"Though Lena is only thirty-eight, she finds herself in the grip of a midlife crisis. She feels out of place in her adoptive country, her career has stalled, and her marriage has tumbled into a spiral of apathy and distrust;it seems impossible she will ever find happiness again. But then she meets Ben, a failed artist turned reluctant academic, who is just as lost as she is. They strike up a precarious friendship and soon surprise themselves by embarking on an impulsive weekend adventure.
On the drive to Ben's remote cabin in Maine, Lena begins to open up, for the first time in her life, about the tumultuous summer she spent as a counselor in a Soviet children's camp twenty years earlier, when she was just discovering romance and her own sexuality. At a time when Russia itself was in turmoil, the once-placid world of the camp was growing equally unsettled, with unexplained disappearances and mysterious goings-on among the staff; Lena and her best friend are haunted by what they witnessed, or failed to witness, and by the fallout from those youthful relationships. It was a time of intense emotions, confusion, and passions, and ultimately very little turned out to be exactly as it seemed.
As Lena reveals to Ben secrets she has long kept hidden, the lovers begin to discover together not only the striking truths buried in her past, but also more immediate lessons about the urgency of this short, stolen time they have together..." goodreads.com
Despite the fact that this book takes place over just a few days, the pacing was very slow but its slow pacing fit the novel. Lena and Ben's stories came out naturally over time as they began to feel more comfortable with one another. I found Lena to be the more sympathetic of the two. It's clear from the novel's onset that her husband emotionally abuses her and has quashed her self esteem. It's no surprise that she became interested in the first man to value her in some time. Ben is initially charming but as the novel progresses, I found his issues and relationship struggles hard to empathise with or rationalize. However the relationship Lena has with her husband and Ben isn't the only complex and intriguing relationship here. As Lena tells Ben stories of her childhood friend Inka. You'll wonder if Inka was the dear Lena claimed her to be.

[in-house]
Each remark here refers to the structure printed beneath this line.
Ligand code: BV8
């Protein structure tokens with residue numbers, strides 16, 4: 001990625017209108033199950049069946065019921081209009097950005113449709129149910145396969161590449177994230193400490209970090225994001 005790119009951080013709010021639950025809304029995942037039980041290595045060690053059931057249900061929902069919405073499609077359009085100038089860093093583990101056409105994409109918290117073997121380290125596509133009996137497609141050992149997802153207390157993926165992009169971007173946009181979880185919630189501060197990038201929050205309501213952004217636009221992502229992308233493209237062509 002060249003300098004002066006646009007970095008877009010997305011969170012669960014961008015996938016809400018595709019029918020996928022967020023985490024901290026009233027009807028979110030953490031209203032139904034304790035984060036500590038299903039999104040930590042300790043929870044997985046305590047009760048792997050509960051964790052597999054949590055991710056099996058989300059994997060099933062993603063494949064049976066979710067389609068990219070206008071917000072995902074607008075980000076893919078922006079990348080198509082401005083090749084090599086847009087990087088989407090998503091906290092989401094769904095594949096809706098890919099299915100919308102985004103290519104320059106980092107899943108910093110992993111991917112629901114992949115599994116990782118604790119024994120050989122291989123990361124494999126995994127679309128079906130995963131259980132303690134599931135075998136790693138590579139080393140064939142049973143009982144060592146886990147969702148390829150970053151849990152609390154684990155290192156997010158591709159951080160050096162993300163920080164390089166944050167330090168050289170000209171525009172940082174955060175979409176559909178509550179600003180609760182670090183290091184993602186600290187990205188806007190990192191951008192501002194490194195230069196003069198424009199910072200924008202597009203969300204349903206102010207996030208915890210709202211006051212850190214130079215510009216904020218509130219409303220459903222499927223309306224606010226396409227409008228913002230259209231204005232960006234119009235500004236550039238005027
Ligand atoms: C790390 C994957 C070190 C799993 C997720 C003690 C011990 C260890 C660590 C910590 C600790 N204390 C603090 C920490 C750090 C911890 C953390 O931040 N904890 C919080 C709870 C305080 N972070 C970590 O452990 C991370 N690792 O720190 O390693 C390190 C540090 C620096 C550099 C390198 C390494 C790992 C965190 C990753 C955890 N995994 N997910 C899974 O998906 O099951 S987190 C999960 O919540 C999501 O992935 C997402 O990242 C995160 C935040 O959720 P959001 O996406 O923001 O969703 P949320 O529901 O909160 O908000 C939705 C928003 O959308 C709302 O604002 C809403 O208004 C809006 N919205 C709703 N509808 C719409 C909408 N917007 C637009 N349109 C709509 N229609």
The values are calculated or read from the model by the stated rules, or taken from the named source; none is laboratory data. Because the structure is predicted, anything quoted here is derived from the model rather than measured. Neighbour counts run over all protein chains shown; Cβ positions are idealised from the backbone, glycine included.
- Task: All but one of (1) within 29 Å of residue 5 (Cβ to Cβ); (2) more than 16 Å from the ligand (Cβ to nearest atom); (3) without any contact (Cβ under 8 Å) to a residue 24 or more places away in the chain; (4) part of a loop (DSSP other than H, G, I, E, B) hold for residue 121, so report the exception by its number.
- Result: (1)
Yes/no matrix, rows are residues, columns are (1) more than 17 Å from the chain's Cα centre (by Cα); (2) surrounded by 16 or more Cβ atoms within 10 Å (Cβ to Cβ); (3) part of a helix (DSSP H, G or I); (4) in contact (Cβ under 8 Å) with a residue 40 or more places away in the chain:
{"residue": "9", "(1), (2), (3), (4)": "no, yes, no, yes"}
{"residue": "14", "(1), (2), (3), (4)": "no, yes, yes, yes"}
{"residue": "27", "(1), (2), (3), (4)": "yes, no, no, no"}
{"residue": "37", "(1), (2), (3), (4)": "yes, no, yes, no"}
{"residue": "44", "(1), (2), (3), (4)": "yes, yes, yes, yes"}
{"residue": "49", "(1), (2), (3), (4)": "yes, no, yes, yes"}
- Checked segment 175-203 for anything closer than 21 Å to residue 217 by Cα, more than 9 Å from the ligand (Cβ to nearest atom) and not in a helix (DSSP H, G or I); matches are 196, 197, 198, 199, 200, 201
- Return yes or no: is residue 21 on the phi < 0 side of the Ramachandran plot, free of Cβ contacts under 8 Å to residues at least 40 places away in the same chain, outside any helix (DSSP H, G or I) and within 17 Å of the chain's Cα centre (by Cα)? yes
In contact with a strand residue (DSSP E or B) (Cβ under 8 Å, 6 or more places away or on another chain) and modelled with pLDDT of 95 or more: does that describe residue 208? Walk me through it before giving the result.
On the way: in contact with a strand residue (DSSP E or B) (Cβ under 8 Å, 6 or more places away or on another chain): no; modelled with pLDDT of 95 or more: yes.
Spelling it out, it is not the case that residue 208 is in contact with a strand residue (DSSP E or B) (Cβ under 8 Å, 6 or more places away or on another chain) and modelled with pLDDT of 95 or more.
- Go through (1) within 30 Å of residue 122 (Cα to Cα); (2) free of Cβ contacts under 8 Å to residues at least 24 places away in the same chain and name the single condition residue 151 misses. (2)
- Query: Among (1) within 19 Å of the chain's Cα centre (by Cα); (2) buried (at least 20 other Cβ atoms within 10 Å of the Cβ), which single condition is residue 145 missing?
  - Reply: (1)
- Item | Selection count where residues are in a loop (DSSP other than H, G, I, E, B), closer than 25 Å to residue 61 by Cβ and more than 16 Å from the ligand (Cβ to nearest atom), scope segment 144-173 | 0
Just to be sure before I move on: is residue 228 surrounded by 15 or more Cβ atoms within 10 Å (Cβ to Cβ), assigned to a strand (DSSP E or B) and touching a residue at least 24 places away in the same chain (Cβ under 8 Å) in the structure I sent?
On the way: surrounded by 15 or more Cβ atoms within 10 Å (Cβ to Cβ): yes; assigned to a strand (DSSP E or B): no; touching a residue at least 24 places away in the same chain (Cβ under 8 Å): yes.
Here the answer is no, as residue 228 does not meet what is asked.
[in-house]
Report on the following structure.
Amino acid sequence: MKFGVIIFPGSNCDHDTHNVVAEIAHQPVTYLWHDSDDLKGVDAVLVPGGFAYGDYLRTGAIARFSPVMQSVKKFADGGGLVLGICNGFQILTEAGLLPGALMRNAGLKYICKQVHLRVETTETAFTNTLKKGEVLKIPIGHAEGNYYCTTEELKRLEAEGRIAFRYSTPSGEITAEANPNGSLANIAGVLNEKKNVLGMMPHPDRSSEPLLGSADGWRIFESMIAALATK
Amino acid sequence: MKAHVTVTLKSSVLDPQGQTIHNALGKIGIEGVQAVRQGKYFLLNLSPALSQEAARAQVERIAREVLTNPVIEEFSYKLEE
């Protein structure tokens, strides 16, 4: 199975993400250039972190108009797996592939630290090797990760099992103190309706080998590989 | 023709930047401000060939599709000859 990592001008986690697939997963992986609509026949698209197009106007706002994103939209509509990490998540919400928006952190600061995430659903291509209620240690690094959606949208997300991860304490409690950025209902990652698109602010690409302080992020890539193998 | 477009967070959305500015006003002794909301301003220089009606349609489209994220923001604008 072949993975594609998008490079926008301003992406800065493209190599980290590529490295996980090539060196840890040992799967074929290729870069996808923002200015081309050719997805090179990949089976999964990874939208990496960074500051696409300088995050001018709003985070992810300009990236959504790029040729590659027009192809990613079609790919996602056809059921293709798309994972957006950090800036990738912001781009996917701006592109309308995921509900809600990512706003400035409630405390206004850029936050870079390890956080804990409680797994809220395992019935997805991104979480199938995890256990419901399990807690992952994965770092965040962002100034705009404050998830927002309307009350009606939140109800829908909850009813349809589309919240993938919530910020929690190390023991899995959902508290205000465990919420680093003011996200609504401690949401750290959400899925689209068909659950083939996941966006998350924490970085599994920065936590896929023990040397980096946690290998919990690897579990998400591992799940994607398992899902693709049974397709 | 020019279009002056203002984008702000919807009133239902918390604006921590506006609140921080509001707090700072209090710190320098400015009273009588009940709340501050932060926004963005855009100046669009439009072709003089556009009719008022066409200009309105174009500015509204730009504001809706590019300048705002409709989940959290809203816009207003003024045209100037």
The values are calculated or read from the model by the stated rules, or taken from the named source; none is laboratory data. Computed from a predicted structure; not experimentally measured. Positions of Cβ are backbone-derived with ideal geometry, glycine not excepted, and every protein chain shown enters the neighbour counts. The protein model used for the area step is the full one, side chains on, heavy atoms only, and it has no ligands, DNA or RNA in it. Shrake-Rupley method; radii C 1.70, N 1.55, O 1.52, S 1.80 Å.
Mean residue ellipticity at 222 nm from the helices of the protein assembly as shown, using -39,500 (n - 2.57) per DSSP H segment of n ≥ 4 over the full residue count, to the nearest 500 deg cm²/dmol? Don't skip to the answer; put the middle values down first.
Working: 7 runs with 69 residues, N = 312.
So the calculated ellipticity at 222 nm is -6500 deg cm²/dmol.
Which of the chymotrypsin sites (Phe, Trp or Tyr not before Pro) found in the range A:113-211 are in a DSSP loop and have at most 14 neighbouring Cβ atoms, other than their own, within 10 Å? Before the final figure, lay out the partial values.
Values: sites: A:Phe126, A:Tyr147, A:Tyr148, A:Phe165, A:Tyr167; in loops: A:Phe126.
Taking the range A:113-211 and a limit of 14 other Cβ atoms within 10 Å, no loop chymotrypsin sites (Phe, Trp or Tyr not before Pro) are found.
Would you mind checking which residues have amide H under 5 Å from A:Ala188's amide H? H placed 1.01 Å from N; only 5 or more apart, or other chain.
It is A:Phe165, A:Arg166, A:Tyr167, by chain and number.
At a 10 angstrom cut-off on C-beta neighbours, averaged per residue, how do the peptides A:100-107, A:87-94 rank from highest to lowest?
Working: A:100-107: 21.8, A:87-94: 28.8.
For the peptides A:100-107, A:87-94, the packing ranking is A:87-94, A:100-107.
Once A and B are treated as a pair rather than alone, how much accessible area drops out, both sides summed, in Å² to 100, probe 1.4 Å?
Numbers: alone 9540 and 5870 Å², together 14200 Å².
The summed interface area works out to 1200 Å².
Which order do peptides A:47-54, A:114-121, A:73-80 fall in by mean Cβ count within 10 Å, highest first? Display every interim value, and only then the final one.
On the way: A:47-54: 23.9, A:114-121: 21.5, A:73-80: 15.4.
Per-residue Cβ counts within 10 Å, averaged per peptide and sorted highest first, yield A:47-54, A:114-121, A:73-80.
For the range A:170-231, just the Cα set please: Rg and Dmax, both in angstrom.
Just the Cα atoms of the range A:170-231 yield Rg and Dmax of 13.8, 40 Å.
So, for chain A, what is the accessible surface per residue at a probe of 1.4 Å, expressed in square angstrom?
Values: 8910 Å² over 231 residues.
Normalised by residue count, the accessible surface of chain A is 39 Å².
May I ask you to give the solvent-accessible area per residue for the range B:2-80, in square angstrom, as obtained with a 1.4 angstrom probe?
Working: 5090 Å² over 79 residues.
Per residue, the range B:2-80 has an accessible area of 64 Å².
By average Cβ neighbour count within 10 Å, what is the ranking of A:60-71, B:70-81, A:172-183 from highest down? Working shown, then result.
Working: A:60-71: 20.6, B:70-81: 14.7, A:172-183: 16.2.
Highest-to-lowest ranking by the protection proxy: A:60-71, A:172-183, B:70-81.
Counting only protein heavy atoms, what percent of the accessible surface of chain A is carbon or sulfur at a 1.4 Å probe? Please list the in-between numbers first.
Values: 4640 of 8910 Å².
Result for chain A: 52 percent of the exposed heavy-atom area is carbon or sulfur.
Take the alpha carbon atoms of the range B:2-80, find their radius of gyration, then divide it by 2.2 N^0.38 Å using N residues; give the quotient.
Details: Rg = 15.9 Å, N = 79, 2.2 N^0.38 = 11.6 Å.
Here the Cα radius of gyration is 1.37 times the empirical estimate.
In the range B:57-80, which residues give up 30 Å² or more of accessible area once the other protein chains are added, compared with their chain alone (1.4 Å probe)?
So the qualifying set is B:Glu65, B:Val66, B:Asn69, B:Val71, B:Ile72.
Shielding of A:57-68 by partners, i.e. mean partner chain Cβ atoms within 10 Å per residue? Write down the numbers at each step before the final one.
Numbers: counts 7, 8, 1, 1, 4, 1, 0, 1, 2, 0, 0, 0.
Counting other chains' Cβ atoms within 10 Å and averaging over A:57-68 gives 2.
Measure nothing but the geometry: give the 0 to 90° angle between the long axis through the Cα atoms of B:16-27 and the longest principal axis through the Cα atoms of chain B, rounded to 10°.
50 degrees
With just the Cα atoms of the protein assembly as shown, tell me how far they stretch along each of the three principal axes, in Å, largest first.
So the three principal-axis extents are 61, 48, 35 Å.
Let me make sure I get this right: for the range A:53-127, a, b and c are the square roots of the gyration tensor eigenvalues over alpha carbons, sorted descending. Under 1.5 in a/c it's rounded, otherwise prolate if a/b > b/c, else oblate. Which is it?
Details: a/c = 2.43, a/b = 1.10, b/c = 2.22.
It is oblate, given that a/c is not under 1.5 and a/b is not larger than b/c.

If you're looking for a fluffy novel about a second chance at love, this novel isn't for you. But if you're looking for a thoughtful novel that examines some of the harsh realities in contemporary relationships then this novel is for you. The novel's conclusion is open ended and will leave you unsettled and wondering what Ben and Lena's next move will be but I found it refreshing that everything wasn't resolved and tied up with a pretty bow.
Please note that I received an advanced copy of "The Scent of Pine" by Lara Vapnyar via NetGalley from Simon & Schuster in exchange for a fair and honest review.
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